Week_10_qualitative_Brizer

Week_10_qualitative_Brizer - 22 /Fall2006...

Info icon This preview shows pages 1–3. Sign up to view the full content.

View Full Document Right Arrow Icon
Michael L. Birzer teaches in the School of Community Affairs at Wichita State University. Jackquice Smith-Mahdi teaches at University of North Texas-Dallas. Journal of African American Studies , Fall 2006, Vol. 10, No. 2, pp. 22-37. Does Race Matter? The Phenomenology of Discrimination Experienced among African Americans Michael L. Birzer and Jackquice Smith-Mahdi This qualitative phenomenological study explores perceived discrimination among African American women and men living in Topeka, Kansas. Focus groups and in-depth interviews with 15 African American women and men examined their experiences with perceived discrimination. The theoretical framework guiding this study is predicated under the assumption of symbolic racism. Four major themes emerged during data analysis (1) shopping experiences, (2) law enforcement contact, (3) employment, and (4) Black in Topeka. The essential, invariant structure of dis- crimination as experienced by African Americans was identified as fear, frustration, depression, and anger. The research paints a portrait of the everyday struggles that participants experience in this community due to discrimination. Discrimination based on race is a phenomenon that many in the white majority class will never have to experience. However, for many African Americans dis- crimination remains prevalent in their daily lives (Feagin, Vera, & Batur, 2001). Discrimination has had a long and deplorable history in the United States. Past government support of slavery exemplify a record of racist ideology which perhaps has perpetuated discrimination currently experienced by many African Americans (Bennett, Merritt, & Edwards, 2004; Feagin, Vera, & Batur, 2001; Feagin, 1991; Yates, 1995). Moreover, the state of African Americans was created in slavery and subsequently took shape over three hundred years of racial oppression. Few in the White majority class fully understand the depth and hostility African Americans face, or the sheer effort African Americans contend with simply to survive. Undeni- able, other groups have been subjected with various forms of discrimination, but no other minority with the exception of the Native American, has been so regulated to the farthest corners of American life (Belcourt-Dittloff & Stewart, 2000; King & Springwood, 1999; Patterson, 1998). The purpose of this qualitative phenomenological study is to describe African Americans experiences with perceived discrimination. The phenomenological re-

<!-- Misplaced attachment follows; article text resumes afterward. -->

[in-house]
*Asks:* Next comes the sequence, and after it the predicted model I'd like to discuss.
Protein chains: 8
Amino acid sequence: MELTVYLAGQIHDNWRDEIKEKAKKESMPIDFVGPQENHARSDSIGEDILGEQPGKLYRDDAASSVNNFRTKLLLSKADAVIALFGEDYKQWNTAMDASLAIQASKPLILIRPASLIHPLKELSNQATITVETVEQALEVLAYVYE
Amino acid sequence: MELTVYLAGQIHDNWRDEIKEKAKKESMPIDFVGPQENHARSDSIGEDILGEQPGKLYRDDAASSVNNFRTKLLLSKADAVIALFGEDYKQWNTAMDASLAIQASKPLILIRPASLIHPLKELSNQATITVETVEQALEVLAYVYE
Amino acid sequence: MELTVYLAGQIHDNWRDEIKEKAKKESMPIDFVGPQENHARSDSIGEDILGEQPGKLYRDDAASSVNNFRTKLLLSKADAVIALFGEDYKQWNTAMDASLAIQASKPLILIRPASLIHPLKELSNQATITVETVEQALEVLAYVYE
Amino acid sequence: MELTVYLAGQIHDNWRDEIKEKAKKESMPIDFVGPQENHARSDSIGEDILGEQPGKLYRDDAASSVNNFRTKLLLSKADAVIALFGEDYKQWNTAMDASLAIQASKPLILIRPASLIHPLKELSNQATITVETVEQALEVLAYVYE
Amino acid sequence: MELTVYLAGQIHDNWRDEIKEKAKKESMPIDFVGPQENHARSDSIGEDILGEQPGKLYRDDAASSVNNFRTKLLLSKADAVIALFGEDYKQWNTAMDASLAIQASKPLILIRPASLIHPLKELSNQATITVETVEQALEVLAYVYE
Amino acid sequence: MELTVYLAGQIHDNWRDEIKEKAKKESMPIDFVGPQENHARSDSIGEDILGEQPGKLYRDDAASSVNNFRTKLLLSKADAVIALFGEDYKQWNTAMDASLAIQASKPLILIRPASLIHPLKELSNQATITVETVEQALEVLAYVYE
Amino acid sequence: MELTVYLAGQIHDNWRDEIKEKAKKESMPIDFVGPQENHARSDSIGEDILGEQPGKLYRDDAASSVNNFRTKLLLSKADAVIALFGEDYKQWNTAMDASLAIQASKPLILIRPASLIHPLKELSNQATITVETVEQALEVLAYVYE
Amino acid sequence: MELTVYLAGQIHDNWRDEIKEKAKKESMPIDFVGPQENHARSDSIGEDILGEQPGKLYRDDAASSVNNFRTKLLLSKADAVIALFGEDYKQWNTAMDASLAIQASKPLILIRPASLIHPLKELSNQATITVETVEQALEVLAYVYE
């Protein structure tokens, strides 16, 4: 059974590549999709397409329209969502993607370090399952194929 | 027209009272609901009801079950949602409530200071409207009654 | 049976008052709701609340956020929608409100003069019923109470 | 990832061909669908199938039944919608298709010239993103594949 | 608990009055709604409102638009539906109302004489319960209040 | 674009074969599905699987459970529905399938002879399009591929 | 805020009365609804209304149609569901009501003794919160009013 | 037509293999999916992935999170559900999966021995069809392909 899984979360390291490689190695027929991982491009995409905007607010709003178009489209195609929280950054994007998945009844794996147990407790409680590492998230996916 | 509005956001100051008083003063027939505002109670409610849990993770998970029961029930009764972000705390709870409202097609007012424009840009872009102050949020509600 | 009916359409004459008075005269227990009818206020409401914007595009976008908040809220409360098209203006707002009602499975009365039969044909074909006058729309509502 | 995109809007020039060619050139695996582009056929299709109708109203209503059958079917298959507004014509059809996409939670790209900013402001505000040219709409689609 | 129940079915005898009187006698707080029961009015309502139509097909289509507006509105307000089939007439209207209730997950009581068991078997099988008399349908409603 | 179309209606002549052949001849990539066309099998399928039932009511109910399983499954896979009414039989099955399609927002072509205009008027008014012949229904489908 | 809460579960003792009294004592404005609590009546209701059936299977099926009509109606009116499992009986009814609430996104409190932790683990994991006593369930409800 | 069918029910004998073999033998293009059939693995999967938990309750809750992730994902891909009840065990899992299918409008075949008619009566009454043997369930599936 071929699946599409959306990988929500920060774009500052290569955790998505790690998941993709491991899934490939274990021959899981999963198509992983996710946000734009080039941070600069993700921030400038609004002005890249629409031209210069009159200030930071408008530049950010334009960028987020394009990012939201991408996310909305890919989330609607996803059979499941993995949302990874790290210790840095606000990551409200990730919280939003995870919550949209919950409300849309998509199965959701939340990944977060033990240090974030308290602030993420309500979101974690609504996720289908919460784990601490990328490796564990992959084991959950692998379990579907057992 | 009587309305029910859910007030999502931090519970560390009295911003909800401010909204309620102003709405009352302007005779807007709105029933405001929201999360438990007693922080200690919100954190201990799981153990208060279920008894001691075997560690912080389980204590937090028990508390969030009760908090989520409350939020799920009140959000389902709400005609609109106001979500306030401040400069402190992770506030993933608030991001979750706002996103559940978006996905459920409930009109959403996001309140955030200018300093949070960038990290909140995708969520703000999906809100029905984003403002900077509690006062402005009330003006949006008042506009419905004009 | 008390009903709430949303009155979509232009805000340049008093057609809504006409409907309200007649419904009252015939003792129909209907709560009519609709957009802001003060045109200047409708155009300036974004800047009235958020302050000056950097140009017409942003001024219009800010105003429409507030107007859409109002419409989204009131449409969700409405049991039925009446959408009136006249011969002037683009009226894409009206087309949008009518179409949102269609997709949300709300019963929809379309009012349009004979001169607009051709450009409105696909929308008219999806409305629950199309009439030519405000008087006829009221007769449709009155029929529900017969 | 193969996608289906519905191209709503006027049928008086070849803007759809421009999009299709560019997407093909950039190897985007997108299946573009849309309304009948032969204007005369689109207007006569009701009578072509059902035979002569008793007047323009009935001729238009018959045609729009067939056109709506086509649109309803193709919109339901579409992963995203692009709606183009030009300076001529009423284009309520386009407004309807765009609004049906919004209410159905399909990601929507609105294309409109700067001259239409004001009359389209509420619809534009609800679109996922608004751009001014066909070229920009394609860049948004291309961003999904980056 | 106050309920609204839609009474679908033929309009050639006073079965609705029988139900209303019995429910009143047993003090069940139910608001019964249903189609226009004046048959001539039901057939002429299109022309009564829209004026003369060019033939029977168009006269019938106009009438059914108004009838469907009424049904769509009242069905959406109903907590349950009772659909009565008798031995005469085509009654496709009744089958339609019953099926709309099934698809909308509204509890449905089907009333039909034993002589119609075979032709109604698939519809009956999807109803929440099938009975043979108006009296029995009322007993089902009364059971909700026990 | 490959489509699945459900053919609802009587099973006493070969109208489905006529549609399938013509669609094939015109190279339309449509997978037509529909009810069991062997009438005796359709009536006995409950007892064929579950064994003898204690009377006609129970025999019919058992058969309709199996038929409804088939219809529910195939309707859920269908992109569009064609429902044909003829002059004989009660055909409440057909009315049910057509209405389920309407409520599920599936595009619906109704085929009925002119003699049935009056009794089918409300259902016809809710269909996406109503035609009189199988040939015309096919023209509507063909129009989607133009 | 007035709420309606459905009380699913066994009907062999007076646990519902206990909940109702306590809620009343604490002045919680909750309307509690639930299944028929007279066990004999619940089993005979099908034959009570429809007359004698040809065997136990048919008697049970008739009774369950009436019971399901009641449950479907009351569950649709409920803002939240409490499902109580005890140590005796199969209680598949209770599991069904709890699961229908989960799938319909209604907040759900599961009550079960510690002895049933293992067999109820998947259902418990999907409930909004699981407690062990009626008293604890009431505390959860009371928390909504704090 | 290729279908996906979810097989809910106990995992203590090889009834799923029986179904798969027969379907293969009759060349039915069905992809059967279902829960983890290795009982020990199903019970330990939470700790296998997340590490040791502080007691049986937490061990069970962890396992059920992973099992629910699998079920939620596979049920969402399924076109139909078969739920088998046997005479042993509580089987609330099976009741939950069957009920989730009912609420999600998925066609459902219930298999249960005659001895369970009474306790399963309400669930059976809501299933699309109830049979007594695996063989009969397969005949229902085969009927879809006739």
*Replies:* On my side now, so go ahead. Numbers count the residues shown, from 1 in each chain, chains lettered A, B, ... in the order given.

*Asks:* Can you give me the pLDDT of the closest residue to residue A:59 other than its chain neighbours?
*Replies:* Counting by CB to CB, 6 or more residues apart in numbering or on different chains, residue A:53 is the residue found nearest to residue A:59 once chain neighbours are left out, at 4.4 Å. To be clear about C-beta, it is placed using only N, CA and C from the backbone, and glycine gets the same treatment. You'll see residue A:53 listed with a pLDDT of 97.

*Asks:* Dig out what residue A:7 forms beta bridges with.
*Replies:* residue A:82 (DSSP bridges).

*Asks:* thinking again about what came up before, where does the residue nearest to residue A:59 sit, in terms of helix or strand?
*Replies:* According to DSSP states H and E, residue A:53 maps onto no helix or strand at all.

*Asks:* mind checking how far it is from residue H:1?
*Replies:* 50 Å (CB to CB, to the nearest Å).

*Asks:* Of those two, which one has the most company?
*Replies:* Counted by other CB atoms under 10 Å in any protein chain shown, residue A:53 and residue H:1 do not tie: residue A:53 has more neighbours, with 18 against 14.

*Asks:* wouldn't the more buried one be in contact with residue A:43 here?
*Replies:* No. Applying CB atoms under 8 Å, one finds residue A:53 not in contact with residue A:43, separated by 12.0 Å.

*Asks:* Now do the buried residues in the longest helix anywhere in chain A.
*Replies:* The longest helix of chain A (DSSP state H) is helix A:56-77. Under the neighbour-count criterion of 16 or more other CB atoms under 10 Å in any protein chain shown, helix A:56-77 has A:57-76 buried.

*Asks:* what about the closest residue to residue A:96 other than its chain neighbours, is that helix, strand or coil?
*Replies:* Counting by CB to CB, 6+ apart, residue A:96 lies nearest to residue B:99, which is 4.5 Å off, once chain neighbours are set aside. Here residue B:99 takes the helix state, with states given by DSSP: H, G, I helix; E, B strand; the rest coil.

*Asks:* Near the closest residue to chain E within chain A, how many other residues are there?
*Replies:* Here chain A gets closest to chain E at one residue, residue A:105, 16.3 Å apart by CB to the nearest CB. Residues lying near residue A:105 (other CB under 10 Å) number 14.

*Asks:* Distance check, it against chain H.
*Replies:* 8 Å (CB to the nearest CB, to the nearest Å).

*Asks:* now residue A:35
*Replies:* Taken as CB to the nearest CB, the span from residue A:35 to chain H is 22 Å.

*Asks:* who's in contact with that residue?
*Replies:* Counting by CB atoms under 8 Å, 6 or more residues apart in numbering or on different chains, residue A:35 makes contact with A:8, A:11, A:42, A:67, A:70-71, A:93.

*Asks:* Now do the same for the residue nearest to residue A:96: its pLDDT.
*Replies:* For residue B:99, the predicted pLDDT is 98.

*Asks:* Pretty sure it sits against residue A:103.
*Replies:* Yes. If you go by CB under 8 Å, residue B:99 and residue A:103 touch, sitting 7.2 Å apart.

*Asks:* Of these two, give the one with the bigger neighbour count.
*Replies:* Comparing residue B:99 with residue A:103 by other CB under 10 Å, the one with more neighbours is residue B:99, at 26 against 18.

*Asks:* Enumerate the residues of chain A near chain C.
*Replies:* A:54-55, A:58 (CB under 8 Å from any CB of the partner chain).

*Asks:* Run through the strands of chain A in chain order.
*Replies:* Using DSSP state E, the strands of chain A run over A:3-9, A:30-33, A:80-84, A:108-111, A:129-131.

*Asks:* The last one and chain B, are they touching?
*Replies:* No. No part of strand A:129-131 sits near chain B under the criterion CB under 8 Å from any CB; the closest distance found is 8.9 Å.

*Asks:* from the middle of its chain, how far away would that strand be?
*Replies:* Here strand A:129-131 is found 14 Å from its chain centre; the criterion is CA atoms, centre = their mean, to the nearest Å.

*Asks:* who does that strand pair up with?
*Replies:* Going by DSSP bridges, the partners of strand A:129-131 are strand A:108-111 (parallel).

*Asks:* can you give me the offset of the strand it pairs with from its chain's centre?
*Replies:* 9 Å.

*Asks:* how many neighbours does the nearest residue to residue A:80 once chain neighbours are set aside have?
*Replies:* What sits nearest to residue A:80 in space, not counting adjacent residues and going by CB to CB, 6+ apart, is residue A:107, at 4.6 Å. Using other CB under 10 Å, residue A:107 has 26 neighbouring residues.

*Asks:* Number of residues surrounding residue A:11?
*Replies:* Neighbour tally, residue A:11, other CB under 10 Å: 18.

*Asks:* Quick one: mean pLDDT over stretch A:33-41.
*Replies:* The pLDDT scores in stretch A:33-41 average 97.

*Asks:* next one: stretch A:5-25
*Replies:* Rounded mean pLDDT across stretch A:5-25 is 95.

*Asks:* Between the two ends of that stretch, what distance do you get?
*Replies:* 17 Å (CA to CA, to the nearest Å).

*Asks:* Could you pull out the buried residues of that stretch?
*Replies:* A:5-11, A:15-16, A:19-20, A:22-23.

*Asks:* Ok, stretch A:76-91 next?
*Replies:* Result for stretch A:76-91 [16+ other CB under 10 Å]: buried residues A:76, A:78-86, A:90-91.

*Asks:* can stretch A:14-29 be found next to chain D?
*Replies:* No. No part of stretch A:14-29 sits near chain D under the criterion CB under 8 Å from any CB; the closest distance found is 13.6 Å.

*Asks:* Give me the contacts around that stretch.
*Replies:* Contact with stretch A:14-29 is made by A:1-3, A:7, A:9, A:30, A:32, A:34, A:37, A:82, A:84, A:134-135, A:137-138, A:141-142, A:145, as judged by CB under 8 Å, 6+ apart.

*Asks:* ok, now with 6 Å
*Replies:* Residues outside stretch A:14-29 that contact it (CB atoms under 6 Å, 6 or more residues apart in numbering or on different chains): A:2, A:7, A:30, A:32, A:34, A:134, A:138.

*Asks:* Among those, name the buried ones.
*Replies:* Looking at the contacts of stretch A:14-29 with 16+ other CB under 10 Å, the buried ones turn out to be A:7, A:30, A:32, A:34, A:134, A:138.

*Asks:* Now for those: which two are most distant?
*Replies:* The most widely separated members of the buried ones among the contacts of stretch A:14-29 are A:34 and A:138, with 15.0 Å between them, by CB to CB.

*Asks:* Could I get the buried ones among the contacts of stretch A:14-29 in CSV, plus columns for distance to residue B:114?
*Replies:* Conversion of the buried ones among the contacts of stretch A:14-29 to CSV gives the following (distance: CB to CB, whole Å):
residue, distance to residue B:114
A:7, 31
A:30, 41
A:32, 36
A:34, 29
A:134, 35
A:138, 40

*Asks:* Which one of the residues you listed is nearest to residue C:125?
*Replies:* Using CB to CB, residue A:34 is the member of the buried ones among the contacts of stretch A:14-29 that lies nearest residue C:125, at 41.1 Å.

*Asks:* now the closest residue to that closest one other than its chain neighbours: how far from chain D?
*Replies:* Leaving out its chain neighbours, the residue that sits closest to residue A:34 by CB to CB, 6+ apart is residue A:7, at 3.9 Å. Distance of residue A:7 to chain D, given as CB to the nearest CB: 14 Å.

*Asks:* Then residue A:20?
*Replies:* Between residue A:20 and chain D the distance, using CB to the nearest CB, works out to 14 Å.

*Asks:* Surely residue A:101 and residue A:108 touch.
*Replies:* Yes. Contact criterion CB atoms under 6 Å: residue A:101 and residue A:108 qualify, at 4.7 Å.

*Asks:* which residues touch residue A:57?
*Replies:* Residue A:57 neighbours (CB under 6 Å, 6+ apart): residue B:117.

Image of page 1

Info iconThis preview has intentionally blurred sections. Sign up to view the full version.

View Full Document Right Arrow Icon
Birzer and Smith-Mahdi 23 flections of discrimination experienced by African Americans can provide valuable information which is useful to fully understand how African Americans contextu- alize meaning to and cope with experiences of discrimination. Furthermore, these reflections may be beneficial for those authorities responsible for fundamental policy development within communities which center on race and diversity.
Image of page 2
Image of page 3
This is the end of the preview. Sign up to access the rest of the document.

{[ snackBarMessage ]}

What students are saying

  • Left Quote Icon

    As a current student on this bumpy collegiate pathway, I stumbled upon Course Hero, where I can find study resources for nearly all my courses, get online help from tutors 24/7, and even share my old projects, papers, and lecture notes with other students.

    Student Picture

    Kiran Temple University Fox School of Business ‘17, Course Hero Intern

  • Left Quote Icon

    I cannot even describe how much Course Hero helped me this summer. It’s truly become something I can always rely on and help me. In the end, I was not only able to survive summer classes, but I was able to thrive thanks to Course Hero.

    Student Picture

    Dana University of Pennsylvania ‘17, Course Hero Intern

  • Left Quote Icon

    The ability to access any university’s resources through Course Hero proved invaluable in my case. I was behind on Tulane coursework and actually used UCLA’s materials to help me move forward and get everything together on time.

    Student Picture

    Jill Tulane University ‘16, Course Hero Intern